June 27, 2013

Stanton A. Glantz, PhD

Get it right the first time: Clean indoor air laws are sticky

There has been a longstanding debate among advocates over whether it is better to accept a weak clean indoor air law to get your foot in the door with the idea of coming back later and strengthening it or whether it is better to hold out for a strong law from the beginning.

We just published a paper in American Journal of Public Health, "The Pattern of Indoor Smoking Restriction Law Transitions, 1970–2009: Laws Are Sticky," that examined the pattern of the passage of smoking laws across venues (government and private workplaces, restaurants, bars) and by strength (no law to 100% smoke-free) that were passed between 1970 and 2009 using data from the Americans for Nonsmokers' Rights Ordinance Database.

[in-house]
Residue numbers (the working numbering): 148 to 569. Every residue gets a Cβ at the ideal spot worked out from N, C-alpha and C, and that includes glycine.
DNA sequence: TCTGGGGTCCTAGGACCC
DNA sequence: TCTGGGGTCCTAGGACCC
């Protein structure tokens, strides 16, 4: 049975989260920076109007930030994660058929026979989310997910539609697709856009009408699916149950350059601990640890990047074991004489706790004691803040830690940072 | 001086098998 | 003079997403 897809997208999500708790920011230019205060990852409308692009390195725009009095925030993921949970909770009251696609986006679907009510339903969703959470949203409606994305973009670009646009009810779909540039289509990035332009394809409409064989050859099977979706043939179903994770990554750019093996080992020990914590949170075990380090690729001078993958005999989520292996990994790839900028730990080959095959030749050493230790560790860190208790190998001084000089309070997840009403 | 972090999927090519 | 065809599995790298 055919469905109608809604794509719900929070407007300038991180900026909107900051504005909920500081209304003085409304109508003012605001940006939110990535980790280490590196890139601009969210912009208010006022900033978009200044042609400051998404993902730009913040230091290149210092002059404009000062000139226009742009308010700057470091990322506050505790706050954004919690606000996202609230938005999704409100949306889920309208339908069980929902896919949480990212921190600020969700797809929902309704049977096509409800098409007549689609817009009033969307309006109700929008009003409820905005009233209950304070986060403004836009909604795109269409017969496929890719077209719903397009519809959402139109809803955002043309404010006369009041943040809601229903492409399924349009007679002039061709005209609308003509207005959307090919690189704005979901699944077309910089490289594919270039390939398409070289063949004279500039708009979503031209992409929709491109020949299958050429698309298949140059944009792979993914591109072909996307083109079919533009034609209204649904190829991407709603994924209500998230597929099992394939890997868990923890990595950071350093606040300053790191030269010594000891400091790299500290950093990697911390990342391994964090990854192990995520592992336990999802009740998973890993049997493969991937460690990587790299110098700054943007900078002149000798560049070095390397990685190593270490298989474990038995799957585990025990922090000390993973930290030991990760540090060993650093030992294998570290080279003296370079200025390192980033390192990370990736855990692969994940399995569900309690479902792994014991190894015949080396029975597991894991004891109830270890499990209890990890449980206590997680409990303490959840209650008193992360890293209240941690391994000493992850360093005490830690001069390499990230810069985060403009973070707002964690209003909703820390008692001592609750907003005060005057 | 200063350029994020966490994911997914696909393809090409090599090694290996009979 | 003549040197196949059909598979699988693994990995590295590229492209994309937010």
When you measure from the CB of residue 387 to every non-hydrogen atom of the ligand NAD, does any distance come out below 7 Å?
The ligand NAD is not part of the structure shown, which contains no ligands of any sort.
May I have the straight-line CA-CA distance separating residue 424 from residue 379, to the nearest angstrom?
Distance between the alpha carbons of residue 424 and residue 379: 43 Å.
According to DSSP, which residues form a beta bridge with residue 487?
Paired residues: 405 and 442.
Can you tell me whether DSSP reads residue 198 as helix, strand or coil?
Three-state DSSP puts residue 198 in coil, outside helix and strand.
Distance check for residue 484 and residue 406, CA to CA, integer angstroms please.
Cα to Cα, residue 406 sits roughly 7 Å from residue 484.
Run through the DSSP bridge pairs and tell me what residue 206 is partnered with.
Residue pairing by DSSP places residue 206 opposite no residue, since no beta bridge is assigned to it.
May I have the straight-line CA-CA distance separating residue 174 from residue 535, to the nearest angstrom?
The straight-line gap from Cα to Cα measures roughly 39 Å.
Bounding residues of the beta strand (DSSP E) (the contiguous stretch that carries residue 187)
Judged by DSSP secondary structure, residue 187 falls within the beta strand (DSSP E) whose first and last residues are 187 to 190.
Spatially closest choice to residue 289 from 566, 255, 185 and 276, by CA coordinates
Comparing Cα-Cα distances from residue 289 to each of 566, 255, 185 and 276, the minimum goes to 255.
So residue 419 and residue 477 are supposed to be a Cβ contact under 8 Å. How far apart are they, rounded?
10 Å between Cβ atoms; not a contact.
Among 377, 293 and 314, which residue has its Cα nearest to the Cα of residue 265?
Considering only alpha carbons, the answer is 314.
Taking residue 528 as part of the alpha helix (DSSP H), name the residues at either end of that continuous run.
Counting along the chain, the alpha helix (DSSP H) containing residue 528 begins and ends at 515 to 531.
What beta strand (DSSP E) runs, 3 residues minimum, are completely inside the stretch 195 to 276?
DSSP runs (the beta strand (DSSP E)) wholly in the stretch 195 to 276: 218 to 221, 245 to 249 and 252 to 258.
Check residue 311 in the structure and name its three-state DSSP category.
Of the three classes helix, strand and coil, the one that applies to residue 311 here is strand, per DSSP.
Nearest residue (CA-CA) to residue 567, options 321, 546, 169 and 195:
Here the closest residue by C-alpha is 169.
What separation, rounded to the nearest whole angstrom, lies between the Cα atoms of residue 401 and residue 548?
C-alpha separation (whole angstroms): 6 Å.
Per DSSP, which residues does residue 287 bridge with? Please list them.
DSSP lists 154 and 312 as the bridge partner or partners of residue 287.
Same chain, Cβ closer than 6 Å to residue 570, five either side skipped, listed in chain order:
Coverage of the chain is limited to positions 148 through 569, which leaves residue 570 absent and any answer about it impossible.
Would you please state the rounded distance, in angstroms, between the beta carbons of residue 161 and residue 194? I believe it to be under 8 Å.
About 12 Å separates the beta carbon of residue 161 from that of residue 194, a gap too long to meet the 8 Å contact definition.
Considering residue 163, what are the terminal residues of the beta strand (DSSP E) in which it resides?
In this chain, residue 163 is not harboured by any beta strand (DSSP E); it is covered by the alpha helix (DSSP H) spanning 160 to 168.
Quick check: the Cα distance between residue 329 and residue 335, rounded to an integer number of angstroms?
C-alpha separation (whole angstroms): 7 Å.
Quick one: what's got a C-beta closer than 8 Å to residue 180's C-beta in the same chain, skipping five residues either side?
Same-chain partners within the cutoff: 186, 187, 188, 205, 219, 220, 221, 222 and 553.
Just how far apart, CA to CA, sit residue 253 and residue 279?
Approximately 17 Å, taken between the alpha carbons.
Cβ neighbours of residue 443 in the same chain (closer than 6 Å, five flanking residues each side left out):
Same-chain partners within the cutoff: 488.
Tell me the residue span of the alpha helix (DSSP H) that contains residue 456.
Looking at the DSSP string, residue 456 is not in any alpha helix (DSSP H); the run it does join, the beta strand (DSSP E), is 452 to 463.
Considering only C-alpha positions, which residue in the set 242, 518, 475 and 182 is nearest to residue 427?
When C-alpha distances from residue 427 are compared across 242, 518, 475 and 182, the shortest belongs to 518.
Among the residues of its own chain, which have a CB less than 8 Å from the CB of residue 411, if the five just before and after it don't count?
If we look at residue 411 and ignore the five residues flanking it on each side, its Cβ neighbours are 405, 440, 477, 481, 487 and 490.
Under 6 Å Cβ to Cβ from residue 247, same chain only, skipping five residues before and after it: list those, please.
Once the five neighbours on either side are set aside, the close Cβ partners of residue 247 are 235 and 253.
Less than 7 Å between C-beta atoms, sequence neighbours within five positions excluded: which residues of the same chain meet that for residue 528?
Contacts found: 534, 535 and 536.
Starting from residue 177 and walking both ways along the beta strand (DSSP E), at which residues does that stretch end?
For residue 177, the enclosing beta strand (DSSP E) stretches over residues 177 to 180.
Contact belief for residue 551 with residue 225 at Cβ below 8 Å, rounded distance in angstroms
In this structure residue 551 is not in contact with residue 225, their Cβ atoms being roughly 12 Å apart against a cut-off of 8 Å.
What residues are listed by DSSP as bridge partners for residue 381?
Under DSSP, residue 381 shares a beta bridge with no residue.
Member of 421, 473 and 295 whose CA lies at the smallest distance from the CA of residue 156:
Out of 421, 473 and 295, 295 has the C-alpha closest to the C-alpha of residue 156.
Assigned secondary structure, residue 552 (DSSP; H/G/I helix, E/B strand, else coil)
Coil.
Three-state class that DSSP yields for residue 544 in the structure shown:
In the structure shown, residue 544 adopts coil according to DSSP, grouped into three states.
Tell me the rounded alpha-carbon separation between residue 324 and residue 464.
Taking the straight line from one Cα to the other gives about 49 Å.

We found that each decade, more laws were enacted, from 18 passed in the 1970s to 3172 in the first decade of this century, when 91% of existing state laws were passed. Most laws passed took states and localities from no law to some level of smoking restriction, and most new local (77%; 5148/6648) and state (73%; 115/158) laws passed in the study period did not change strength. 

Because these laws are "sticky"-once a law has passed, strength of the law and venues covered do not change often-policymakers and advocates should focus on passing strong laws the first time, rather than settling for less comprehensive laws with the hope of improving them in the future. 

The paper is available here.   (Sanders-Jackson et al, Am J Public Health. Published online ahead of print June 13, 2013: e1-e8. doi:10.2105/AJPH.2013.301449).

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